Bill added that the commitment for the funds is not urgent although it is good to know the commitments to get the momentum going.

Karen Bach added that she did not see the need to make it a matching grant.

Tom Lee moved and John Anderson seconded a motion to donate $10,000 to the Nancy Kimball Cobblestone project. It passed unanimously with Bill abstaining.

R.O.P.E. REPORT: Officer Robert Engleke ( [email protected] 847-354-3388)

Officer Englelke stated that January in our neighborhood was busy but the last two months have not been. There was a problem on North St that has been solved as all of the tenants have even evicted. Officer Engleke added that the next Citizen Police Academy is April 4th. Click here for more info. Officer Engelke was very complimentary of our neighborhoods night shift supervisor. He said that if things are slow he getsvery proactive even doing foot patrols. Office Echevaria added that Elgin has a group called the Crime Free Housing patrol. They are officers that work the apartment buildings. They are aggressive in the right way. If anyone has an issue with an apartment building please inform the city and they will work on it. John Boline added that he has used the Crime Free housing unit very successfully to solve a problem in his neighborhood. Officer Engleke announced that he will be leaving the ROPE Officer program and a replacement has not yet been announced. Dan encouraged Officer Engleke to bring the new officer to our pot luck as it would be a great place to get to know neighbors.

Secretary’s Report

Tom Lee moved and Karen Bach seconded a motion to approve the minutes of the February meeting. The motion passed unanimously. Dan thanked Barbara for the great minutes.

Treasurer’s report

Pat Miller reported that we have four CD’s totaling $81,284.77 and a checking account balance of$19,346.70.


Historic District (Paul Bednar [email protected])
Dan reported that Paul Bednar and Pat Miler have both been encouraging us to reactivate the Dream Team. Dan said that the name came when 28 N. Gifford came up for sale. Arthur Allan mentioned at a meeting that he had a dream for what that block could look like and that he wanted GPA to buy 28 N. Gifford to begin to realize the dream.

D.C. Cook Mansion (more recently Bowes Retirement Center at 105 N. Gifford St.)
Pat Miller reported that a mention of demolition and use as a park were found in the Parks Commission minutes. It was foreclosed upon and the bank has possession. They had it for sale for a time at around $600,000 but it is currently off the market. Dan has been in contact with the bank and they have mentioned that they would be willing to give it to a not for profit organization. Pat added that we are not a 501c3 organization but ECN can be used as a conduit for groups as they are a 501c3. Pat feels the new additions on the building are an eyesore and have no value so they should be taken off. GPA could possibly take possession then have an attorney put covenants on the building to make sure it is used as a single family home.

John Anderson added that he felt no one would buy it if it had covenants on it. He feels it would take a million dollars to rehab the house and would be a tremendous liability if GPA owned it. John suggest it be turned into upscale apartments and he mentioned that he knew an investor that might be interested in doing it. .

Pat added that the building is currently zoned for special use, neighborhood business or community facility, not RC3 like the rest of the surrounding neighborhood. Pat said that she strongly supports best and original use for the building. It is a trophy house. Several said that it is too big for a single family and Pat reminded the group that it is not bigger than the Butterman’s or Donna Leetz’s home or the Wing Mansion. She feels we need to think about it and plan ahead. She added that she is strongly against making it into rental units.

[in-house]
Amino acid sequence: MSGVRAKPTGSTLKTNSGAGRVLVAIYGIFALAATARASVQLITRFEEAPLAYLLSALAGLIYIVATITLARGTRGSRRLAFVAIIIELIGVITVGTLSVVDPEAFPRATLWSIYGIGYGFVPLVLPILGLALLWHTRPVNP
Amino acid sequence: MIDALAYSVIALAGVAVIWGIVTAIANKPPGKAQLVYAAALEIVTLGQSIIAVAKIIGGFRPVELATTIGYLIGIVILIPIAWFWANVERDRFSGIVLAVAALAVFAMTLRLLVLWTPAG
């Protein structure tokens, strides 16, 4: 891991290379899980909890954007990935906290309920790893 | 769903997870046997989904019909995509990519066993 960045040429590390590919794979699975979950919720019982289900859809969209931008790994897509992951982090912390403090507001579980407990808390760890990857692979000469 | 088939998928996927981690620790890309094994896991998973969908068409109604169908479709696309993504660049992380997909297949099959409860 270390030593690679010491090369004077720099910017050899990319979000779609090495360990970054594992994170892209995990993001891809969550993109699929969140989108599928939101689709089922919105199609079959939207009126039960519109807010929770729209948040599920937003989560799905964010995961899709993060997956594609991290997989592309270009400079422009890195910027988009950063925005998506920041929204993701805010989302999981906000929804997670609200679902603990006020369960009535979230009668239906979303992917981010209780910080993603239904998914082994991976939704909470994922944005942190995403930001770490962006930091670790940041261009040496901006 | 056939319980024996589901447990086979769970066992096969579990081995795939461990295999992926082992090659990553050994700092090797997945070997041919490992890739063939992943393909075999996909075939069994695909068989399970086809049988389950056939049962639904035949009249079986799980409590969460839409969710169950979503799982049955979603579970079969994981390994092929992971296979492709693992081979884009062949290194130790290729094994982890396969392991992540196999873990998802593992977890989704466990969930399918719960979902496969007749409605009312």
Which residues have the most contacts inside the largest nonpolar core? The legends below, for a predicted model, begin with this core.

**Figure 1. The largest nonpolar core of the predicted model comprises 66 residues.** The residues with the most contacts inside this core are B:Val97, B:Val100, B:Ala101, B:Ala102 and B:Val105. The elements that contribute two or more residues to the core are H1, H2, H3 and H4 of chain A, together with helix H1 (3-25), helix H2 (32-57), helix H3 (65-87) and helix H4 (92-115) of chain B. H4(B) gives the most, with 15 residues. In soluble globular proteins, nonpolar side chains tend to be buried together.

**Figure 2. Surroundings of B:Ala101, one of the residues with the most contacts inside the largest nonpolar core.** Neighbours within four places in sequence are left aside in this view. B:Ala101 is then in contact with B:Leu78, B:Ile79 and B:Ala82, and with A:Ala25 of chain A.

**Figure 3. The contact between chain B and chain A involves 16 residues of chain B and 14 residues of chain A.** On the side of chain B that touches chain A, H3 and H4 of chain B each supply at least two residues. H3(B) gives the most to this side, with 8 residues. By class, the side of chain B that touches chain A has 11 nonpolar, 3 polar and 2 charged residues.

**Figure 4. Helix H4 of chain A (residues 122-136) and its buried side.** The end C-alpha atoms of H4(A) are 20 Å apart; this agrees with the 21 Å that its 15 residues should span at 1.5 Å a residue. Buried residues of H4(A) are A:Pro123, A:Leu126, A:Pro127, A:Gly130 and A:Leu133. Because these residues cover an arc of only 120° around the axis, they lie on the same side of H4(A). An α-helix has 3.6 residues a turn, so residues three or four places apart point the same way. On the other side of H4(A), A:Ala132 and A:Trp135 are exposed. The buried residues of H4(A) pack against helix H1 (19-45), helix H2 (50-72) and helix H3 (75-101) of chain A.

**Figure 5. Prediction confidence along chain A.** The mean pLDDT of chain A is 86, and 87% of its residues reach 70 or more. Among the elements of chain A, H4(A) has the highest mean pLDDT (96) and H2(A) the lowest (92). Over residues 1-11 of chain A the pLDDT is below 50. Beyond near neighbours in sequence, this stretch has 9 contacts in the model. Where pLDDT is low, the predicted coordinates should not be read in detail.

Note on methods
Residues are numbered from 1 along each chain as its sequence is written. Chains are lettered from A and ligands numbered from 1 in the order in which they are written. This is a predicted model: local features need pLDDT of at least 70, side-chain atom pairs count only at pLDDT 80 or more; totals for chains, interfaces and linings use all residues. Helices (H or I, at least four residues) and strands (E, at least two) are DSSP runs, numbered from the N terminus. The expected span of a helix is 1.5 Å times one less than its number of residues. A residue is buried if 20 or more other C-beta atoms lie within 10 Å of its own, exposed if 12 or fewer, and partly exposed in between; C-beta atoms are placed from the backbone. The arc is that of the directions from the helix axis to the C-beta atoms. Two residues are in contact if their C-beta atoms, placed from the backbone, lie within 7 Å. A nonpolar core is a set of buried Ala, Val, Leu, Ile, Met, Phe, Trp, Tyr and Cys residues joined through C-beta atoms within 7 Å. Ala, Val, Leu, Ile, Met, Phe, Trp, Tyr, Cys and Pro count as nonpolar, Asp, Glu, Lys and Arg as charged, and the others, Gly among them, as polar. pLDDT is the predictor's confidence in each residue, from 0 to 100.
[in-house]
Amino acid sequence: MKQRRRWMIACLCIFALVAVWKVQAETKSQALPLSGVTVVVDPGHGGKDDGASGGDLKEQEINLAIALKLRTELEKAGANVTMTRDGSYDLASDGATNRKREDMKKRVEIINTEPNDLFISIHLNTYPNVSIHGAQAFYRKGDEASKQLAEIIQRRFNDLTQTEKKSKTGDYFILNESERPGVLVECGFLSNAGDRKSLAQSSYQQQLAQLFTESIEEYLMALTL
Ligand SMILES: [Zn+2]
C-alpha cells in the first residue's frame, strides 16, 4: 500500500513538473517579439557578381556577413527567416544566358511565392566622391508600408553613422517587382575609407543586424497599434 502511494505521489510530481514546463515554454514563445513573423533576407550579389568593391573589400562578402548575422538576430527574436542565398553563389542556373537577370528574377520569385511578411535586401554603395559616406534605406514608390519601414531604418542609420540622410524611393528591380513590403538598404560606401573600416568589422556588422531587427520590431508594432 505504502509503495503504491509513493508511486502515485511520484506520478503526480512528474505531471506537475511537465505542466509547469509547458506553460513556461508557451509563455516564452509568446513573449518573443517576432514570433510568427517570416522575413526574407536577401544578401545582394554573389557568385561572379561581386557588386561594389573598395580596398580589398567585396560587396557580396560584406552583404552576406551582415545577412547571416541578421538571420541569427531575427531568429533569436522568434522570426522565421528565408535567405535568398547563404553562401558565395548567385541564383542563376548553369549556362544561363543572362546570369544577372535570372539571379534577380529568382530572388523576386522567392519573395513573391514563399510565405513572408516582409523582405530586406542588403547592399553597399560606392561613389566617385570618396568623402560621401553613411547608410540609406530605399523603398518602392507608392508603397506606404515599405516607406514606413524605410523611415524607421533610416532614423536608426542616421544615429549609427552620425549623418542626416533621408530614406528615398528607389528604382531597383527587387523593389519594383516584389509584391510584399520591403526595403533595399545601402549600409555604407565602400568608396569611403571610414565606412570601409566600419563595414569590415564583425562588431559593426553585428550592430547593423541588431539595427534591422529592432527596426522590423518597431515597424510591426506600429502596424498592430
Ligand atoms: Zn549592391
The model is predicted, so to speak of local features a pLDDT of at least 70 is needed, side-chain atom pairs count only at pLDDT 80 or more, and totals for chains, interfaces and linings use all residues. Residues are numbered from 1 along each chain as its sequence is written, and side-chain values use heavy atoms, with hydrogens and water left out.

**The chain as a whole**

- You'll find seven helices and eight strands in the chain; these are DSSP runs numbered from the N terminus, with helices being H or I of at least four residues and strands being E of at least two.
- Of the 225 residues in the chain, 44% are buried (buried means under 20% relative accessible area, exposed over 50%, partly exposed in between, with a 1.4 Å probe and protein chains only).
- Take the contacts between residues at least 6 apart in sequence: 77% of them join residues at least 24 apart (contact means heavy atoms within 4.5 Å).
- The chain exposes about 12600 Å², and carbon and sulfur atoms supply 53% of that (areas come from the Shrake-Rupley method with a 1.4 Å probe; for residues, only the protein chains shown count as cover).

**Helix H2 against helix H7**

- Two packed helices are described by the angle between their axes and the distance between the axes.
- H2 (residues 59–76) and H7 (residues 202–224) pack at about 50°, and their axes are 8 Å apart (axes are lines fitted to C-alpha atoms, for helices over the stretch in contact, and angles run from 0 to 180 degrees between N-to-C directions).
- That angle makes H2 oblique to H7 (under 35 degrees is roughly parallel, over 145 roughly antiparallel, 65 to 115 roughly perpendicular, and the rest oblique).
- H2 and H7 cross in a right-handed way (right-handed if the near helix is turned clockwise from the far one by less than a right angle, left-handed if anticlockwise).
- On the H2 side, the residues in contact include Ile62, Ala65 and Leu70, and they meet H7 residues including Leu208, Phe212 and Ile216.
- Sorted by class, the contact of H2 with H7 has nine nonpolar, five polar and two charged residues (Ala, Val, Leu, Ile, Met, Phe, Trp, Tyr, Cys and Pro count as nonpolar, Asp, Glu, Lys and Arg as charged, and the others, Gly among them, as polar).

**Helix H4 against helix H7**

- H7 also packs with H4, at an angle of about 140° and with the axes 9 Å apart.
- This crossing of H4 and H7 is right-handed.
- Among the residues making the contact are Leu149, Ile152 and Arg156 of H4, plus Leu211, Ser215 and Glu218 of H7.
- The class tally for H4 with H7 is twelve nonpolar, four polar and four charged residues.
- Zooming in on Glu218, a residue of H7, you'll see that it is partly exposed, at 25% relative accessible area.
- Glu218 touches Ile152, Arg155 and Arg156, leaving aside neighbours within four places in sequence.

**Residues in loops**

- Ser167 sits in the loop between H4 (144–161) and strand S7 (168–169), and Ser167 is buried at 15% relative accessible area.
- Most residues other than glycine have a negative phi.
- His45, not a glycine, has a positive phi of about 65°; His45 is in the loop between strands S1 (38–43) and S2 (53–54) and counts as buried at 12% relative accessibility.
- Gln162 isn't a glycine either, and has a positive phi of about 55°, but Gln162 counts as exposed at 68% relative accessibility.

Warren Tejes added that getting zoning for apartments is difficult.

Dan suggested that GPA hire a firm to do a feasibility study on the home. Dan added that his dream for the building would be for GPA to take control of it then put out a RFP for people to give us a plan for what they would do with the building. We could then give it or sell it to the person with the best plan.

Paul Kuester said that we should definitely reconvene the Dream Committee. We need to control our destiny.

Carol Anderson agreed that no one would buy the building with covenants.

Housewalk (Pat Miller [email protected])

Pat Miller informed the group that the House Tour Committee has been meeting regularly and that all of the key committee heads have been filled. This year the House Tour will be a two day event on Sept. 10th and 11th. The featured neighborhood will be the Elgin Historic District. Dan added that forty-three neighbors have been contacted about featuring their homes on our walk. Thirteen have said no, five have said yes and three maybes with the rest not having gotten back to Dan.

Membership (Moe Lee [email protected])
Moe Lee reported that we currently have 161 individual members of the Gifford Park Association.

Our annual Pot Luck Dinner is scheduled for Friday April 22nd at 6:30 pm at the Lord’s Park Pavilion. A fascinating slide show will be shown of before and after rehabilitation of homes in the Historic District. Viewers will be amazed at the changes that have occurred.
Great food, interesting conversation and slides of fascinating homes. It does not get any better!

The meeting was adjourned at 8:45 pm.

Respectfully submitted,
Dan Miller

More on Bowes not discussed at the meeting:

We found out the annual taxes on the building are $33,000.
If you have not seen them already, click here for a a slide show of the interior details before they were sold to a salvage yard.

Click here for a slide show of the interior after it was desecrated.

Click here to see the booklet page from when it was featured on our Housewalk.

Here is an old picture of the home.

Here is how it looks today.